EIA International Energy Outlook 2019 And Oil Shock Model Scenarios

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By Dennis Coyne

The EIA recently released its International Energy Outlook and it is quite optimistic. In the chart below, I compare their estimate for World Crude plus Condensate (C+C) output with an oil shock model with a URR of about 3100 Gb.

The IEO reference scenario shown above (blue line) for World C+C has a trendline with a slope of 735 kb/d from 2017 to 2050, slightly less than the 1982 to 2018 slope for World C+C output’s annual increase of about 800 kb/d. The difference between the IEO C+C output forecast and my more realistic (and perhaps optimistic) shock model estimate is 46 Mb/d in 2050.

The shock model focuses on conventional C+C output which excludes unconventional oil which I define as the combination of extra heavy oil (API Gravity <10) and tight oil. The economically recoverable resource (ERR) from unconventional oil is 285 Gb in the scenario presented below.

The extra heavy (XH) and tight oil are modelled separately from conventional C+C. The tight (LTO) and XH oil are both read on the left vertical axis and the unconventional oil (sum of LTO and XH) from the right vertical axis. In each of the shock model scenarios presented below the unconventional C+C model output is added to the conventional shock model scenario (three separate cases). I focus on conventional C+C because the bulk of World C+C output consists of conventional C+C about 88% of World C+C in 2018 consisted of conventional C+C.

The extraction rate, r, is the percentage of proved producing reserves that is produced during the year in gigabarrels (Gb), where r = q/p and q = annual C+C output, and p = proved producing reserves at the end of the previous year. This applies only to conventional proved producing reserves and conventional C+C output as unconventional oil is modelled separately and then added to the conventional C+C model to find the World C+C shock model presented above (as well as the two scenarios presented later). At the end of 2017, p=476 Gb, and in 2018, q=26.6 Gb, so r=26.6/476=5.6%. Peak World C+C output for this constant extraction rate model (after 2030) is 87 Mb/d in 2025, URR is 3,100 Gb.

The EIA’s IEO seems quite unrealistic, but it would be instructive to see what level of extraction rates would be needed to raise output to the level forecast by the EIA. We will leave the URR assumption at 3,100 Gb and assume the unconventional scenario is unchanged from what I have presented already (that scenario is my best guess for a World where Brent oil prices gradually rise to $90/b by 2027 and remain at that level until 2050 and then begin to decline as oil demand gradually is reduced over time.)

We assume the extraction rate for conventional C+C rises no higher than 12.1% (the maximum from 1950 to 2018 reached in 1973) and that the maximum annual rate of increase in the extraction rate is no more than the 0.38% average annual rate of increase reached during the 1964 to 1973 period, which was the steepest multiyear rise during the 1950-2018 period. Under this set of assumptions, the limit to the rate of increase in the extraction rate (rather than the limit on the maximum extraction rate of 12.1%) limits the shock model from matching the EIA’s IEO over the entire 2019 to 2050 period. The model fails in 2038 where the maximum rise in the extraction rate of 0.38% per year falls short in raising output to the level of the IEO reference case. The extraction rate continues to rise at this maximum rate of 0.38% per year until 2042. The peak is reached in 2039 at 97.8 Mb/d. We assume the extraction rate increases at a gradually slowing rate of increase over the 2043 to 2049 period. From 2050 to the end of the scenario in 2294, the extraction rate is held constant at 11.4%.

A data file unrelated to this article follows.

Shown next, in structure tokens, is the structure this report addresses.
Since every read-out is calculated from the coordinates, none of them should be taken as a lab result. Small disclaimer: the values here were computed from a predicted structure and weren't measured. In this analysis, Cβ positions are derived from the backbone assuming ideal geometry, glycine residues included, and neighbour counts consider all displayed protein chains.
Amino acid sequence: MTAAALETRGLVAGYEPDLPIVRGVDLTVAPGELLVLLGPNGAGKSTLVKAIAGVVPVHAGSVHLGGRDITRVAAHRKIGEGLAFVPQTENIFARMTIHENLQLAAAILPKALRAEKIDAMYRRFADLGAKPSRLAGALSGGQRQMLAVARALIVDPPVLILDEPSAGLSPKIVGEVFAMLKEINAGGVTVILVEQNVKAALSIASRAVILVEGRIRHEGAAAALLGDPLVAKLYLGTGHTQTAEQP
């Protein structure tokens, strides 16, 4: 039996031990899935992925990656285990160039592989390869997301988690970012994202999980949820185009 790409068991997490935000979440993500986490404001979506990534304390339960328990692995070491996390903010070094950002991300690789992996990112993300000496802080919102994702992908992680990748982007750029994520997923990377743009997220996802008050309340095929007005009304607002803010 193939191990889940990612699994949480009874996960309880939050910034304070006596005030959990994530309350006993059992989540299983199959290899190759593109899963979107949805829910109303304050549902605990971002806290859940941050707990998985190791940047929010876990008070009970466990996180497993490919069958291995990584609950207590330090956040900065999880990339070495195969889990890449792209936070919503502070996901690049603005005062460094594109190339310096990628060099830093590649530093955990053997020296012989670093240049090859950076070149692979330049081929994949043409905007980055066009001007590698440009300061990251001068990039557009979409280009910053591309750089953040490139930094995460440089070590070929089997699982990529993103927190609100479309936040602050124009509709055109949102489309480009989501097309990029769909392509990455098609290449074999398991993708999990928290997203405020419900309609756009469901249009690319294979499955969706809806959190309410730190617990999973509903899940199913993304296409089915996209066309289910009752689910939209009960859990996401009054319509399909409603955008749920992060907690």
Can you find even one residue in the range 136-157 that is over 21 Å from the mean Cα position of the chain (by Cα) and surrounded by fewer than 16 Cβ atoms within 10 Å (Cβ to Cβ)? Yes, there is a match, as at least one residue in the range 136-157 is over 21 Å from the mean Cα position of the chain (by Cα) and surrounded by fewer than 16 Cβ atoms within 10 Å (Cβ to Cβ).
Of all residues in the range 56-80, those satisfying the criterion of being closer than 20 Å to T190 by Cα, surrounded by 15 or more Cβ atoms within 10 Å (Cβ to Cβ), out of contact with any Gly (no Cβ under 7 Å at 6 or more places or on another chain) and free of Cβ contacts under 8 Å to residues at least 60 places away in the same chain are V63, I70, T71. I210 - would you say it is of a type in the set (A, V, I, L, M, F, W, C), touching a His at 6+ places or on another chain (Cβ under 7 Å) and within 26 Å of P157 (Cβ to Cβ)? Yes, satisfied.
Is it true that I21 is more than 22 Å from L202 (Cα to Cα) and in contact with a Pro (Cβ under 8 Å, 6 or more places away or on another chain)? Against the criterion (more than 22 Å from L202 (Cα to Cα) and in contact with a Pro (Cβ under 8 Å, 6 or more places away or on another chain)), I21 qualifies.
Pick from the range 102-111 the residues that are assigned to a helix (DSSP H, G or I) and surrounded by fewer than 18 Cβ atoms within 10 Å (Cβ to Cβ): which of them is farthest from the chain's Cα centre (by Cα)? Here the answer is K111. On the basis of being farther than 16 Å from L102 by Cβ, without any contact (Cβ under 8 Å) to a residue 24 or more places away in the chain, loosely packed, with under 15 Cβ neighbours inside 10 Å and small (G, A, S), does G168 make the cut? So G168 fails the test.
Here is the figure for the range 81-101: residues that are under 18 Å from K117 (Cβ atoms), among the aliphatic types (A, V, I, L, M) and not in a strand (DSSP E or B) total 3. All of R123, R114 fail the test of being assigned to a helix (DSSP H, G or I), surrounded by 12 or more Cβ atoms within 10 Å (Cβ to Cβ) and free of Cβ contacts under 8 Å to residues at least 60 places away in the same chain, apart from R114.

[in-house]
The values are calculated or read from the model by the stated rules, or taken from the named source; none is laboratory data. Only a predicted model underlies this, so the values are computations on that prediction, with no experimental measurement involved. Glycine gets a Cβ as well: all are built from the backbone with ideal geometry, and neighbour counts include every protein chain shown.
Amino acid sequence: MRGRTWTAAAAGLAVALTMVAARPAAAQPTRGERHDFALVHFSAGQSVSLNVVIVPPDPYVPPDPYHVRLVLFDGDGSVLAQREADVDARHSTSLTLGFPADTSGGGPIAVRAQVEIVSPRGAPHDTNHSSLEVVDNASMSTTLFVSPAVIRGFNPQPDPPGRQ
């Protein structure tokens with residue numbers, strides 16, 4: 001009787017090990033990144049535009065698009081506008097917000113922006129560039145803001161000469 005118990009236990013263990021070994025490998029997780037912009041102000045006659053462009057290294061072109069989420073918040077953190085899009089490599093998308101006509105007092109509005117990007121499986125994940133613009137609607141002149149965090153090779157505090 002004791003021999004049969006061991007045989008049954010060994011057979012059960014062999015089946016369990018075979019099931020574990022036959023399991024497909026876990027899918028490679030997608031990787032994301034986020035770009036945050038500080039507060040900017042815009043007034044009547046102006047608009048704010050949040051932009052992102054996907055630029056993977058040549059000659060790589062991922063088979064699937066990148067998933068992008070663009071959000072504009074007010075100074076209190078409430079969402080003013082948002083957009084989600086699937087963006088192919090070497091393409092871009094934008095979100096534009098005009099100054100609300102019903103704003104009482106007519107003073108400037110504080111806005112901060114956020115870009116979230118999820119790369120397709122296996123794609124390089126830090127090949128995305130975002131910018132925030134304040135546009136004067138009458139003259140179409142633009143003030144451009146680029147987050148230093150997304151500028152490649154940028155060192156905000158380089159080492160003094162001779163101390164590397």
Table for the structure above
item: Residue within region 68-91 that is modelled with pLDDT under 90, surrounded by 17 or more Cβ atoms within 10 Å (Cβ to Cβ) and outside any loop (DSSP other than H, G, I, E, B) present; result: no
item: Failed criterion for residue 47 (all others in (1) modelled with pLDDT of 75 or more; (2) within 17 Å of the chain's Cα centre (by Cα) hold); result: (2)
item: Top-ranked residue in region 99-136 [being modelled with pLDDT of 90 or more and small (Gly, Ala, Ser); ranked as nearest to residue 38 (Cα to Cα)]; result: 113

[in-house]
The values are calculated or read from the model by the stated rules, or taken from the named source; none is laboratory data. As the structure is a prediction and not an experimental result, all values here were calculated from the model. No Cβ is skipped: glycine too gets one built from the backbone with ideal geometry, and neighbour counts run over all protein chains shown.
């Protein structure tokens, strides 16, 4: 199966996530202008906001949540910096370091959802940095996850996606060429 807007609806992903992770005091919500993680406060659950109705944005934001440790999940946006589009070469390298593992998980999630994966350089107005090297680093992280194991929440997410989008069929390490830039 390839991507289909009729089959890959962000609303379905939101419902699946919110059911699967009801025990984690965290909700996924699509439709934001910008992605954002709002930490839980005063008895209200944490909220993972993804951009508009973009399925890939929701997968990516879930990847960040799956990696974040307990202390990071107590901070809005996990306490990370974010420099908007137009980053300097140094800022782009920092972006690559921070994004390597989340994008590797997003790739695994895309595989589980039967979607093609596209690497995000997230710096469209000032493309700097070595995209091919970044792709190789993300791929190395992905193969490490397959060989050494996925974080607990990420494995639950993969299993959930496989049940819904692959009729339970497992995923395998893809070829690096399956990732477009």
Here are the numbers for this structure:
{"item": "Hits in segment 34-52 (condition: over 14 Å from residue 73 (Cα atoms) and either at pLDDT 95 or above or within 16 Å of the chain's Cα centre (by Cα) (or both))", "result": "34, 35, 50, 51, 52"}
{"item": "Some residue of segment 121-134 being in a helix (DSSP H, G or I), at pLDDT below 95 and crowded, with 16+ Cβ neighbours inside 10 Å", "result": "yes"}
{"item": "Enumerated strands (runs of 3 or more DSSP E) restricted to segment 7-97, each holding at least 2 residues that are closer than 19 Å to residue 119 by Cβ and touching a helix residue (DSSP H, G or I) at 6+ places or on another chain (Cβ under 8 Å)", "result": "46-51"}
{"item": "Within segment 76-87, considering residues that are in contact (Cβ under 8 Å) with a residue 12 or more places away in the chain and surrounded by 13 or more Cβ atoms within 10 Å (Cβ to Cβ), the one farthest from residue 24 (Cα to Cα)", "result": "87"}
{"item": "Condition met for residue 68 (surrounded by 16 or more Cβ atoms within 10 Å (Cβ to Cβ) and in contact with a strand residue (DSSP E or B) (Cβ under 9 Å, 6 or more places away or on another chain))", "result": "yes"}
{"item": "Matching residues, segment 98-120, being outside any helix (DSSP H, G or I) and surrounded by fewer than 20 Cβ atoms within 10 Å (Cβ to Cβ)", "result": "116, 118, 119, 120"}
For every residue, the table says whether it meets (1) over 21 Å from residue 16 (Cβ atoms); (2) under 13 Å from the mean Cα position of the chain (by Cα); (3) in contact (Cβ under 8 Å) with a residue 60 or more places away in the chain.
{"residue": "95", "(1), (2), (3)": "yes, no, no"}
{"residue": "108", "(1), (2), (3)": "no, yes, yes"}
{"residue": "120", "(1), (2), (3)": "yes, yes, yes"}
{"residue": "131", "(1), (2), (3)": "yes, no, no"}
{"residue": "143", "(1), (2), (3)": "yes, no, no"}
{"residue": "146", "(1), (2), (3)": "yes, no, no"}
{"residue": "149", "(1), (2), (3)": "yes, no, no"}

The annual decline rates for World C+C output are very high above 4% per year from 2047 to 2055 in this scenario and decline rates remain above 3.5% for all years from 2046 to 2114 except 2061 to 2065.

Note that the point of this scenario is not to show that it is possible, it is to show that unrealistic extraction rates are needed to reach this level of output and that even if it were possible, we would face extremely steep decline in C+C output 7 years after the peak was reached in 2039.

A more realistic intermediate scenario is presented below where the rate of increase in the extraction rate is limited to the rate of decrease in extraction rate experienced from 1990 to 2015 (0.06% per year.)

The scenario above might still be too optimistic, but seems within reason if oil prices are high enough to stimulate adequate investment without crashing the global economy, a difficult knife’s edge to remain balanced upon, making it a low probability scenario (my guess is less than a 1 in 3 chance). Peak is 90 Mb/d in 2027.

The three shock models presented above are presented together in a single chart below (models only) for comparison. I consider the constant extraction rate scenario most likely with about a 50/50 chance the peak will be higher or lower and/or earlier or later. The high scenario (peak output of 97.8 Mb/d) is the least likely (less than a 1 in 50 chance in my opinion that the peak output level will be reached) and the intermediate case is more likely than the high case, but still not very likely with perhaps a 33% probability that the World peak in C+C output will be as high or higher than that scenario (90 Mb/d). Of course, as always, there are an infinite set of possible future World C+C output scenarios so that the odds that any of these scenarios will be precisely correct is approximately zero.

Data for these scenarios are in a spreadsheet.

Original Post

Editor’s Note: The summary bullets for this article were chosen by Seeking Alpha editors.

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